Planning is a detailed method, formulated beforehand, for managing all or part of a business. It is not something that should be approached haphazardly. While many business owners think of planning simply as a process you need to go through to get funding, there are many other types of planning that may be useful to a small business to help it operate efficiently and effectively. The table of contents gives you an overview of some of the topic areas we cover in this section.
Table of Contents:
The Planning Process looks at what planning encompasses in greater depth. It is a "big picture" look at the planning process.
Then, there are a wide variety of specialized types of planning. The best known is the generic business plan. There are many resources available on putting together a business plan. If you have spent any time trying to put together a business plan, you are aware that there are many different formats for structuring a plan.
If you are writing the business plan to get funding for your business, my advice is to always ask the funding organization what format they prefer. If you are not writing it for funding, you can follow the format that works best for you. The Small Business Administration has their own version, a Business Plan Template to help build a business plan easily.
My personal preference is to write your business plan in a format that describes each part of the business operation. This clarifies for you how you plan to handle each aspect of your business, and shows any potential investors a nice overall picture of your business. The other nice part of putting together your business plan this way is that it shows the interrelatedness of each of the more specific types of planning and lets you develop each section separately as you develop that part of the business.
So, a good business plan will include:
Financial Management Plan
(which includes Human Resources Planning and Strategic Planning)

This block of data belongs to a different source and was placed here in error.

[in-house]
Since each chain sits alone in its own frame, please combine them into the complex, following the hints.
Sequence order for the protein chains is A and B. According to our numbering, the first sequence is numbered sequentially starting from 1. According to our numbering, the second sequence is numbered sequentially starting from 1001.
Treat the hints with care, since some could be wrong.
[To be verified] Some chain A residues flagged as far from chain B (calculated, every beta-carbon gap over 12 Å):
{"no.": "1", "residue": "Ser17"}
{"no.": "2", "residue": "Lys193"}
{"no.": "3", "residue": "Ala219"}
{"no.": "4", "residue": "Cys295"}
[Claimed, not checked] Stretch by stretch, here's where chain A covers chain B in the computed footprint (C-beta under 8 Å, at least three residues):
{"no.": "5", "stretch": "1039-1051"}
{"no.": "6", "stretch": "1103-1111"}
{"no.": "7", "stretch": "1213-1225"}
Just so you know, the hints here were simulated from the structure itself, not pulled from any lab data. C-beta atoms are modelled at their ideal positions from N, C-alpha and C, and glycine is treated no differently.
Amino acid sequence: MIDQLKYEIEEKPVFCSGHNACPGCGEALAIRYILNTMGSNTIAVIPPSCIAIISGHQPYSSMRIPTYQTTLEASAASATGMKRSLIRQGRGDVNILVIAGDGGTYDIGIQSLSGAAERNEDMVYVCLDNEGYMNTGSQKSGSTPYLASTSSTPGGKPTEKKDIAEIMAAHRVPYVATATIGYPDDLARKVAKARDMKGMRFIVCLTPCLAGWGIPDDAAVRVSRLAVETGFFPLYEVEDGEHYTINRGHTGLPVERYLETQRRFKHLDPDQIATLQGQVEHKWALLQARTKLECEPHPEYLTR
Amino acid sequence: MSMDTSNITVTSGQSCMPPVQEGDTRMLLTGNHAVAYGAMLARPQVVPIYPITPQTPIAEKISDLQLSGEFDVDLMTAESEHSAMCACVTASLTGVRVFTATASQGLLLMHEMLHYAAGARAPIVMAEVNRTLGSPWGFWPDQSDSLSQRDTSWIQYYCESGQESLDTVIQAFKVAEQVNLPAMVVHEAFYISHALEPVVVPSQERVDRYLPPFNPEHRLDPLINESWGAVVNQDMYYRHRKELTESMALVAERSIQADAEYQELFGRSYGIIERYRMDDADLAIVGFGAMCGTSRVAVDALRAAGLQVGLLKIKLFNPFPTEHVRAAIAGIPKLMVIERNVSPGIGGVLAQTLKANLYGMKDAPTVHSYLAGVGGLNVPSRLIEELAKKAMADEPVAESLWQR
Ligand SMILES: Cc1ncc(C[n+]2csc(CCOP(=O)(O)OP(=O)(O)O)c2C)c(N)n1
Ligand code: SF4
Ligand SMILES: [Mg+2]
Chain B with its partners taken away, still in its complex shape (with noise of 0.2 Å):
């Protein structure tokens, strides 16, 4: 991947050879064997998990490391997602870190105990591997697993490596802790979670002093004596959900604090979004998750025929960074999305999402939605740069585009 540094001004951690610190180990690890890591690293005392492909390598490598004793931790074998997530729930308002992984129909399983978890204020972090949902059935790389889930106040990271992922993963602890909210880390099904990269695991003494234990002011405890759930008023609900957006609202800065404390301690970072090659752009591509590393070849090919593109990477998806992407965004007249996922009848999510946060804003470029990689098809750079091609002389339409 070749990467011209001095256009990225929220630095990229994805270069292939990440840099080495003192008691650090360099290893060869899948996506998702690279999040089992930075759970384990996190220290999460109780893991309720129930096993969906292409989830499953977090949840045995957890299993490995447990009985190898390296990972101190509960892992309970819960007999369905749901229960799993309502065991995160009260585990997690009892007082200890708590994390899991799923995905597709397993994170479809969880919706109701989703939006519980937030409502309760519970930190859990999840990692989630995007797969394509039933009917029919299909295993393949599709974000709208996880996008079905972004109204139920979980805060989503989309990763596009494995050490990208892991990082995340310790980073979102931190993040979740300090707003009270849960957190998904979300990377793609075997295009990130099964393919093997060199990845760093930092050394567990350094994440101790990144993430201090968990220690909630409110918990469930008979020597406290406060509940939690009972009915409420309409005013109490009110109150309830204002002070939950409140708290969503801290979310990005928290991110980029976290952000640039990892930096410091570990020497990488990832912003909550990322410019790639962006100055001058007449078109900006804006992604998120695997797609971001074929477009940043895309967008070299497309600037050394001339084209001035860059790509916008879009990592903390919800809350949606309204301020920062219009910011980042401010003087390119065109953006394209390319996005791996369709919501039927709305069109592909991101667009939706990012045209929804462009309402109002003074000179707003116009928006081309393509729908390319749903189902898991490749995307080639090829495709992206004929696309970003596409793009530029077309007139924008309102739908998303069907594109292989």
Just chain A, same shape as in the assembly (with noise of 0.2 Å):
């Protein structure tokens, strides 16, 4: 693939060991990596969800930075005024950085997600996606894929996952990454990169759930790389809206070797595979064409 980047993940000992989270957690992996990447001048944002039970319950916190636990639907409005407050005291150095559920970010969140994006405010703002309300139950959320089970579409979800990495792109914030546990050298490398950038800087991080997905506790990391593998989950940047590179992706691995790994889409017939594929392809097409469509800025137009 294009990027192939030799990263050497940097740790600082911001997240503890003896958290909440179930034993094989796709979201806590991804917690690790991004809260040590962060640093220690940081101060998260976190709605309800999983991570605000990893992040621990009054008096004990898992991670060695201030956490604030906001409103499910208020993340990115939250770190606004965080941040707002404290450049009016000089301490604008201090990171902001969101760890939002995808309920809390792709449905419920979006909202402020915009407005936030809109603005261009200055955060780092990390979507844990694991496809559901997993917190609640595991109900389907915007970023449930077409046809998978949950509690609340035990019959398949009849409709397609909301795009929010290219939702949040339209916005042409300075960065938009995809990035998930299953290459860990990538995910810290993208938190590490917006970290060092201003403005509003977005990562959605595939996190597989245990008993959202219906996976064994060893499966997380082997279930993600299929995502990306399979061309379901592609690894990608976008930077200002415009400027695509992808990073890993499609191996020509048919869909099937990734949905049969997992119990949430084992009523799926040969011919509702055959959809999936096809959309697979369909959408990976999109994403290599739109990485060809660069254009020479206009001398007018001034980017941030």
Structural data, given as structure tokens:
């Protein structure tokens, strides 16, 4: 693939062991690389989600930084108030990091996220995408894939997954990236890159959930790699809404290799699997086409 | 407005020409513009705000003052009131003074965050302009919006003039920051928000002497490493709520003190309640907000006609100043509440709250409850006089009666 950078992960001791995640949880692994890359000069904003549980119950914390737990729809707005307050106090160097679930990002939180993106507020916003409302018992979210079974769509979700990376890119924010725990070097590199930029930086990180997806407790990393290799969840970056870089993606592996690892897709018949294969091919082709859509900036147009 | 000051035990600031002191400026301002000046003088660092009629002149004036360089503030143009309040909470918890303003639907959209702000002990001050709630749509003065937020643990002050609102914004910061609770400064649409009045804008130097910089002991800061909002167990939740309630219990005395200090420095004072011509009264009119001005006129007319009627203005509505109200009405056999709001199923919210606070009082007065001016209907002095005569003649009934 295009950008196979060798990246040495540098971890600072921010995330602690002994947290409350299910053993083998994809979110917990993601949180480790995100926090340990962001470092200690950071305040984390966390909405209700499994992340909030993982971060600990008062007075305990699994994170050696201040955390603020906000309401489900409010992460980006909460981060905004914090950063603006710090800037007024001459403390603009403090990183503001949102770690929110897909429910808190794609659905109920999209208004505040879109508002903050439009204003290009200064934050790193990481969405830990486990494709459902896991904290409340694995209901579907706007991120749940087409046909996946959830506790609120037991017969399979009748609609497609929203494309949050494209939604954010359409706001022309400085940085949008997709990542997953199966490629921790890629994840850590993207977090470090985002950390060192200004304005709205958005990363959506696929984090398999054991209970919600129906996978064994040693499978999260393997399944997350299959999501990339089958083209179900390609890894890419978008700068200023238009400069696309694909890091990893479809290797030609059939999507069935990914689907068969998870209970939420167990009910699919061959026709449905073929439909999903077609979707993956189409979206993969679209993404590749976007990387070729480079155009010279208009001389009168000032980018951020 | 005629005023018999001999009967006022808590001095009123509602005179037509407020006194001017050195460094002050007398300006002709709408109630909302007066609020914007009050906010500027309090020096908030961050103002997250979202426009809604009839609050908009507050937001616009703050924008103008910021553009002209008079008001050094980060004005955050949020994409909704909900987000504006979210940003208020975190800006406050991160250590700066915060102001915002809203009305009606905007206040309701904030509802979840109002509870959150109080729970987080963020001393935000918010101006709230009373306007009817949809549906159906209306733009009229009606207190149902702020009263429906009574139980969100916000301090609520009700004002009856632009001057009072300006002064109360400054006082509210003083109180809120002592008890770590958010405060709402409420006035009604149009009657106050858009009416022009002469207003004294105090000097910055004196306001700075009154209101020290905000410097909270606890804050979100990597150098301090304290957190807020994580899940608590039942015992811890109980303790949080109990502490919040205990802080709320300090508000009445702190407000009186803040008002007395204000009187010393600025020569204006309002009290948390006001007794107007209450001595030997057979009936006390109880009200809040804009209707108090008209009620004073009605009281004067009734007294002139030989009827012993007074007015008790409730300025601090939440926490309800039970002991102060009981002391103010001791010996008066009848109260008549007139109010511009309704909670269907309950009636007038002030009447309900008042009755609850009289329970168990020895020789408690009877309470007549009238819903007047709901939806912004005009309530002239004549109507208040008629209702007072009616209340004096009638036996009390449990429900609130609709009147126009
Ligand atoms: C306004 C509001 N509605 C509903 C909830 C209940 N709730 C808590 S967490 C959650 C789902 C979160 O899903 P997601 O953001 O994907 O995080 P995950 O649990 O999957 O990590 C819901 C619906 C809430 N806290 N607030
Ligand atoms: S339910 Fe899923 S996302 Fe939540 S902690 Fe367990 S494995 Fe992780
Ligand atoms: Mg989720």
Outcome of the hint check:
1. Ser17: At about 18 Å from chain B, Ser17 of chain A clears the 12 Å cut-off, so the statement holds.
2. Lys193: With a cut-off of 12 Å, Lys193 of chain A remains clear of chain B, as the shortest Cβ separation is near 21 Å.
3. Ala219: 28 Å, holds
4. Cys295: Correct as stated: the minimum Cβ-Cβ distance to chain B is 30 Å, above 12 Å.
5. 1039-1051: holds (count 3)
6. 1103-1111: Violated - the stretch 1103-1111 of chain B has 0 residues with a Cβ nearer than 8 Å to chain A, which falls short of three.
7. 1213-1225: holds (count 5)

Office Design Plan
Together they give the total picture of your business, but each can be operationalized and modified as necessary. Making them part of the total business plan, however, keeps you aware of the relationship of the various plans so that you can adjust the other areas of the business as you make changes in the area you are concentrating on at the moment.
Does this sound like a little much? Each piece does not need to be a major document. Write something for each section, put each of them in a notebook with appropriate dividers, and at the end of each month take a look to see how you are doing. Pencil in any changes you have made over the month. You are ready then to once a year revise all the pages based on the penciled in notes each month. It really is pretty easy once you have the system set up.
When you write each of those sections, you may discover you need information about your industry, markets or other external data that you don't readily have available. I have put together a section on Business Plan Resources to provide a resources of data that you might need to help put the plan together.
I have also included information on a fun way to fund your business and get outside input on your business plan - participating in a Business Plan Competition.
One other good resource is Planning as a Business. In it I share an interview with Tim Berry, president of Palo Alto Software. Not only does he produce one of the most user-friendly software packages to help you build a good business plan, but he also provides an extensive set of sample business plans on his website. His sample business plans are free for your use should you want to see how someone else has done one. Additionally, I have compiled a page with links to sample plans that have been posted on the internet.
Finally, I have included some information in this section about Financial Planning and Setting Personal Goals. While technically not a part of business operations, most small business owners need to consider their own personal and financial future in addition to their business' future. The mantra in the world of finance is "diversify" your risks. And, if you are counting on your business to provide your nest egg for retirement, you are playing with fire. Give some serious thought to putting together both personal and financial plans for yourself that include a variety of goals and investments that will provide you security in the long run. Give your own future priority too. You will not regret it.